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Do You Think You Have Low Milk Supply?

Saturday, 01 September 2012 10:05
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“Not enough milk” is one of the most common causes for stopping breastfeeding or choosing to supplement with formula. Unfortunately often it is a perceived notion of not having enough milk which is  loosely based on one or several of the following:

  • feeling as if the breasts are not as full as they used to be
  • baby feeding more frequently
  • low maternal confidence
  • misunderstanding/mismanagement of growth spurts
  • Lack of support from partner/family/society
  • baby pulling away from the breast/restless at the breast/fussing between feeds
  • limited amounts of breast milk when pumping to assess the amount (never a good idea).

More often than not, the milk supply is adequate but is perceived as being low by the mother.  With limited support available and a lot of misleading advice on available on the internet, a perceived low supply can easily become an actual low supply due to incorrect management. 

Low milk supply, whether perceived or actual, is an issue that needs to addressed and managed if prolonged breastfeeding is to occur.


Insufficient removal of milk from the breasts leading to a reduction in milk production is the most likely cause of low supply. This is associated with:

  • Poor attachment
  • Insufficient breastfeeding and restricting breastfeeds
  • Sleepy infant
  • Mother-infant separation
  • Unresolved engorgement
  • Use of infant formula, teats and dummies/pacifiers
  • Ankyloglossia (tongue-tie)and other infant oral cavity abnormalities

If you think that your supply is less than before or not enough then use the following list to assess if the problem is real or perceived. Note that there is a vast difference depending on the age of your baby as their needs are constantly changing.

For newborn babies:

  • Fewer than 3 wet nappies/24 hours by day 3
  • Fewer than 5-6 heavy wet nappies/24 hours after day 5
  • Concentrated urine
  • No change to normal breastmilk stools by day 3-4 and scant stools thereafter
  • Dry mucous membranes
  • Weight loss greater than 10% birth weight
  • Further weight loss after day 3-4
  • Less than 20 gm weight gain/day after day 3-4
  • Failure to regain birth weight by 2 weeks of age
  • Limited evidence of milk transfer during feeds
  • Prolonged or continuous feeding with little evidence of satiety
  • Persistent jaundice
  • Persistently sleepy or lethargic infant
  • Excessive crying, weak cry
  • Infant appears unwell
  • No signs of lactogenesis II on day 3-4 (breast fullness and heaviness)
  • Breasts remain soft in between feeds (normal after around 3 weeks).

Week 1- 3

  • Fewer than 5-6 heavy wet nappies/24 hours
  • Concentrated urine
  • Scant stools (expect 2-3 breast milk stools in 24 hrs often while feeding)
  • Dry mucous membranes
  • Limited evidence of milk transfer during feeds
  • Prolonged or continuous feeding with little evidence of satiety
  • Excessive crying, weak cry
  • Infant appears unwell

Growth Spurts

Growth spurts occur at around week 2, 3 and 6 weeks and are a very real cause for concern and perceived low milk supply because during a growth spurt, breastfed babies nurse more often than usual (sometimes as often as every hour) and often act fussier than usual.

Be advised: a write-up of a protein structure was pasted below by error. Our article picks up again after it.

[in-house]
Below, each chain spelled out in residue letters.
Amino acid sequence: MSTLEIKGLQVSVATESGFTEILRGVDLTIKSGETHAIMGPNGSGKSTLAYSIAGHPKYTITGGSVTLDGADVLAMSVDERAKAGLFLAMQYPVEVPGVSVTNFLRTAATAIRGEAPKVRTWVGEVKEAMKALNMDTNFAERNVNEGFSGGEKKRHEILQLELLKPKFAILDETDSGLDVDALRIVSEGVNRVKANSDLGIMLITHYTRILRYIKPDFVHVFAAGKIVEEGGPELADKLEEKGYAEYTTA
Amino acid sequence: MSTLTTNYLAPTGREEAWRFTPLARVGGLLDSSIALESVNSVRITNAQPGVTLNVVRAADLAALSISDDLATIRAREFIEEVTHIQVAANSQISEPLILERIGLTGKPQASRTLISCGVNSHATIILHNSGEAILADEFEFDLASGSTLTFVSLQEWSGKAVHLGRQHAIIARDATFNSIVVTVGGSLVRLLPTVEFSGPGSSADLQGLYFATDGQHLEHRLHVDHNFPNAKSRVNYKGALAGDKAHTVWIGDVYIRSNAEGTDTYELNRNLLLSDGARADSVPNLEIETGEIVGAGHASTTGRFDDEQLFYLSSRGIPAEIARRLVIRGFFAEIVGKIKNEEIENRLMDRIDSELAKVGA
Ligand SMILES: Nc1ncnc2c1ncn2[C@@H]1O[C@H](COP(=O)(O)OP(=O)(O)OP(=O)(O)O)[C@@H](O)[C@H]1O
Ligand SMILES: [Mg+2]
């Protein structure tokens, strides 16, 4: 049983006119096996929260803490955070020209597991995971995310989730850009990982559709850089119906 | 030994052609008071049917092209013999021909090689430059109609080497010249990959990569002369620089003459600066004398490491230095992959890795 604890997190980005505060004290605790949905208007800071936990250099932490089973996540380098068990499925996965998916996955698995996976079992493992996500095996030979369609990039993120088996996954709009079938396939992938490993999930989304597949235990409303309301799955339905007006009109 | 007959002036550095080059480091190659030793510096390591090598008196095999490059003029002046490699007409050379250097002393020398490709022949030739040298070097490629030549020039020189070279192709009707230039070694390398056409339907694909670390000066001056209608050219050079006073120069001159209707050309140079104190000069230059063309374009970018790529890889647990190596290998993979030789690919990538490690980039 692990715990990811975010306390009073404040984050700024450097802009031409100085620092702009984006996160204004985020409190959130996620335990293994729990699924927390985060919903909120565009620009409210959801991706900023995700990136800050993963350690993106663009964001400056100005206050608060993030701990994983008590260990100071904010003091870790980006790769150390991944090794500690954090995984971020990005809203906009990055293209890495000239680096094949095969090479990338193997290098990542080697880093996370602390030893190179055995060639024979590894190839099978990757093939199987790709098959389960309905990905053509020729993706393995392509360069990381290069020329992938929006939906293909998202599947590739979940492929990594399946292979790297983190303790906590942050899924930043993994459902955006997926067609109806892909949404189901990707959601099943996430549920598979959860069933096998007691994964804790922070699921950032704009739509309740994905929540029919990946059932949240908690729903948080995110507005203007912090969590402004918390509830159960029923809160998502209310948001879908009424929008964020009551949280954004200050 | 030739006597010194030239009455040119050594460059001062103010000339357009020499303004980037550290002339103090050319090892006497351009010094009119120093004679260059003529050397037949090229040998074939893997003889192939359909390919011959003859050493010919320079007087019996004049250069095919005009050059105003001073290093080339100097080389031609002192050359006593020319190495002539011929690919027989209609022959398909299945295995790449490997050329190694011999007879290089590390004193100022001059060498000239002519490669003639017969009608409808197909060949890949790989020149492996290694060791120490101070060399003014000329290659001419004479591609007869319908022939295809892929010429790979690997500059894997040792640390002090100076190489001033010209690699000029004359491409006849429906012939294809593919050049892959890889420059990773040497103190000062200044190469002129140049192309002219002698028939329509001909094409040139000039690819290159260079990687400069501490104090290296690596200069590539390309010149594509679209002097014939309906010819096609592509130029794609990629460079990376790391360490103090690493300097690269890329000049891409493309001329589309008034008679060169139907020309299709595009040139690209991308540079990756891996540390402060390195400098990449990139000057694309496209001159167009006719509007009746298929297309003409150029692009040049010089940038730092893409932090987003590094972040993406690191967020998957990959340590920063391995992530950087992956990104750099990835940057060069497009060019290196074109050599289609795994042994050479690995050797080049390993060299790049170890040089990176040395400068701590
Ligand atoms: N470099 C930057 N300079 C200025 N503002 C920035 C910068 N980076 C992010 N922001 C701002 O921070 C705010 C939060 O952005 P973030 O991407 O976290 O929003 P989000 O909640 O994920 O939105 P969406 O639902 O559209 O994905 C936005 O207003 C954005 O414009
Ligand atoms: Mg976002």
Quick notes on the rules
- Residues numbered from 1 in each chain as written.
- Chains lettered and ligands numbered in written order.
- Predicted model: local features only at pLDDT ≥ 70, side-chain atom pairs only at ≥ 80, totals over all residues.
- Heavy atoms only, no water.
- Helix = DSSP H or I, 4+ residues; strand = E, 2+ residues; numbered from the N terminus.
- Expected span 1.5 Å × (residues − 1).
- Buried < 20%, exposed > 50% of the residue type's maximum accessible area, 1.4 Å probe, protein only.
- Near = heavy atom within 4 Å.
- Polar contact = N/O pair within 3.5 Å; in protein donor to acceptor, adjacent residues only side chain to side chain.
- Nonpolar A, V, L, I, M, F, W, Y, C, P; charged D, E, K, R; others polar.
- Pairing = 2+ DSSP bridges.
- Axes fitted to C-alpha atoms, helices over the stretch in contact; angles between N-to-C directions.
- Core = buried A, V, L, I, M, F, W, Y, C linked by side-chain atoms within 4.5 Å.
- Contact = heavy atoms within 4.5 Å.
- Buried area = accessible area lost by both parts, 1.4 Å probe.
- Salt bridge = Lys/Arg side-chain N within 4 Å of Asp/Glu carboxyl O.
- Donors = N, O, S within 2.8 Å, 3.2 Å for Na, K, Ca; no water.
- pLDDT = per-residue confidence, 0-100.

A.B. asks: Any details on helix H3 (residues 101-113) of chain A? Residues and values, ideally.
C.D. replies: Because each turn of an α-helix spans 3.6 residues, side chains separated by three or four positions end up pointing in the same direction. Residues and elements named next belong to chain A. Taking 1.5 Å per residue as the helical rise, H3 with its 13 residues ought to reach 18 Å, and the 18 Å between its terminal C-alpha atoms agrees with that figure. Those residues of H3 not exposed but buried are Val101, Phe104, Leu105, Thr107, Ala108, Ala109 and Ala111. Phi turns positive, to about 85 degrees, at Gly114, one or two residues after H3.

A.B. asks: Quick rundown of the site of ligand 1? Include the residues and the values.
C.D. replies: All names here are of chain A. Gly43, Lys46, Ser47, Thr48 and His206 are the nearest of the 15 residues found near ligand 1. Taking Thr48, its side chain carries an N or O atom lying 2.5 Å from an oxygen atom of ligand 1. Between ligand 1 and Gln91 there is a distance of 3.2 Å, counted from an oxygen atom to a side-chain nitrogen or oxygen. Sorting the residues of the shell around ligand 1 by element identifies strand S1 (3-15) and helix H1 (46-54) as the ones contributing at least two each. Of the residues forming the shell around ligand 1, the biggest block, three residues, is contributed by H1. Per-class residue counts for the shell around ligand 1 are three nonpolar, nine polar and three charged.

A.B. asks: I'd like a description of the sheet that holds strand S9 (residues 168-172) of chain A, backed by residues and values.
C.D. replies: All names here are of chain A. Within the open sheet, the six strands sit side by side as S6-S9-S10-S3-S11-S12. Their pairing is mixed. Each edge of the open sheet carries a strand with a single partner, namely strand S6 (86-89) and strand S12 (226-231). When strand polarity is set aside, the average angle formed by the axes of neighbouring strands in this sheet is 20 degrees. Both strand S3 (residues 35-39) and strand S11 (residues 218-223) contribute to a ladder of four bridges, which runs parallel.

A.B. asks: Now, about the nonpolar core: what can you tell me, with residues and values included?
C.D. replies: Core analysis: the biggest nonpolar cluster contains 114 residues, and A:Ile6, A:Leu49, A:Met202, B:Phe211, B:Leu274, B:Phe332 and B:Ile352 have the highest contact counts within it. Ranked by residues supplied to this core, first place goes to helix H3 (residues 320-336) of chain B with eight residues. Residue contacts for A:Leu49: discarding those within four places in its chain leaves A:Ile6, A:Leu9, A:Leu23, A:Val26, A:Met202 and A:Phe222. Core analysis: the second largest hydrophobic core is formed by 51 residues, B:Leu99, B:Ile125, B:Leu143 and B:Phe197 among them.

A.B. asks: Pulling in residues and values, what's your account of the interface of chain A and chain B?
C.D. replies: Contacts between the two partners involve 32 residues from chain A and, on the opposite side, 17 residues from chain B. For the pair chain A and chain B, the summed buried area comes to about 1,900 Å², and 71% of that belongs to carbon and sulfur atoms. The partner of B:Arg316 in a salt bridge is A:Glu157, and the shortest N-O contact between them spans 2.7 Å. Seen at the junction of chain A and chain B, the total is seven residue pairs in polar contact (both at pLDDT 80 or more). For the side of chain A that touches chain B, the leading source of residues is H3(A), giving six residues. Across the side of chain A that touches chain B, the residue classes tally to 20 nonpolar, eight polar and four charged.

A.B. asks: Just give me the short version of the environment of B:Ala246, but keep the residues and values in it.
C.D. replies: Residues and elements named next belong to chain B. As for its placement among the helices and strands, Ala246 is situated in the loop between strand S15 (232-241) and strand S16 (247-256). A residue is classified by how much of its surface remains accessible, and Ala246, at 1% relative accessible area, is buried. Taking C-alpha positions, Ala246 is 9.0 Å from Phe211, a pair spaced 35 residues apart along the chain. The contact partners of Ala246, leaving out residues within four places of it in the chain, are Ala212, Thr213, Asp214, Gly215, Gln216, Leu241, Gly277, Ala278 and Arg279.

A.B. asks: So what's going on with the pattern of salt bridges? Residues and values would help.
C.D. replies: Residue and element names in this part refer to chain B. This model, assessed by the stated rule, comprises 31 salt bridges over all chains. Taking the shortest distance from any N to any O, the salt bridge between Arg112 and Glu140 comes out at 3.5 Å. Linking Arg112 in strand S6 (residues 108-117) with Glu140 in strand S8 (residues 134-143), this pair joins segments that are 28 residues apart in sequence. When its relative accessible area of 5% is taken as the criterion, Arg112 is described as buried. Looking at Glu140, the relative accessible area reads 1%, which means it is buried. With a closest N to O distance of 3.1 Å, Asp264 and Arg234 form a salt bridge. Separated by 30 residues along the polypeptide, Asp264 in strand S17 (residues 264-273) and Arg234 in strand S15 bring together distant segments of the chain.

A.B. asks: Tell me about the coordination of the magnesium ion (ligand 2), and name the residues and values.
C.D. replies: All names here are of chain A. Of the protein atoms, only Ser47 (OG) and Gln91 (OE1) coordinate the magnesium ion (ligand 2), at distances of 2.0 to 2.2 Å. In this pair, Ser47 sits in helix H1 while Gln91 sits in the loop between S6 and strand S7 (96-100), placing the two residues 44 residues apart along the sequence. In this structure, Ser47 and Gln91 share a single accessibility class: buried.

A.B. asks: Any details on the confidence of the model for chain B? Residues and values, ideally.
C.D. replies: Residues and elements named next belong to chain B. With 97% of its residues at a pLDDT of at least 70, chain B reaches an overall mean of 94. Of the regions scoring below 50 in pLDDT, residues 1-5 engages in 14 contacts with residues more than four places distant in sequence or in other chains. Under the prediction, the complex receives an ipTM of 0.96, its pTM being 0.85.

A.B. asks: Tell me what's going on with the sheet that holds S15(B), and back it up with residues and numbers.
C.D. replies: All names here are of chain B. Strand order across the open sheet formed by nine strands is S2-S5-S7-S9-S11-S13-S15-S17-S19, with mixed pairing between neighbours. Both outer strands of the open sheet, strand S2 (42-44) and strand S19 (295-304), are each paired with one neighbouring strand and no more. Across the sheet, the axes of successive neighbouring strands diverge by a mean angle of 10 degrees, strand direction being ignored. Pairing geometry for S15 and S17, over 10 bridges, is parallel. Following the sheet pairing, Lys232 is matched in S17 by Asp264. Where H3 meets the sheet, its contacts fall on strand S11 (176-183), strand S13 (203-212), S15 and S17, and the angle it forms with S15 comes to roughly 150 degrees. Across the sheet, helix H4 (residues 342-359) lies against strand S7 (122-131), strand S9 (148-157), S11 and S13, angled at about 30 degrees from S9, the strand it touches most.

The increase in baby’s milk intake during growth spurts is temporary. Physical growth is not the only reason that babies may have a temporary need for increased nursing. Babies often exhibit the same type of behavior (increased nursing with or without increased fussiness) when they are working on developmental advances such as rolling over, crawling, walking or talking. Mom’s milk is for growing the brain as well as the body!

They occur again at month 3,4, 6 and 9 so take note and do not despair. Go back to the list, meet up with other mom’s with babies of similar age and find support to reassure yourself.

Things to do when you have perceived or actual low milk supply

  • Correct positioning and attachment, and management of any nipple trauma
  • Increase the number of breastfeeds: wake the infant more often and/or offer the breast for comfort instead of using a dummy/pacifier
  • Understand and read your infant hunger and satiety cues and the signs of effective milk transfer
  • Decrease non-medically prescribed or unnecessary use of artificial infant formula
  • Implement ‘switch feeding’ if infant is sleepy: change the infant from one breast to the other several times during a feed to keep the infant alert during the feed while milk supply is low
  • Increase skin-to-skin contact
  • Breast compression during feeds may increase milk transfer
  • Additional breast stimulation and drainage through regular expressing after or between breastfeeds

Good maternal nutrition, rest, relaxation and domestic support and reduce smoking, caffeine and use of alcohol

I cannot stress enough the value of rest and diet when there is a perceived or actual low milk supply. Breastfeeding takes time and energy. Slow down. Watch your baby.

If none of these help then seek advice from lactation consultant who will take a full history, watch your feeding and give you a plan to work with going forward with regular follow up.


Read 6628 times Last modified on Sunday, 22 September 2013 11:30

Karen Wilmot is the only licensed midwife offering community based antenatal, postnatal and birthing services in Muscat.
With a wealth of experience and a kind and compassionate nature, Karen is the "go to" person for anything pregnancy or baby related! 

Website: www.pregnantinoman.com

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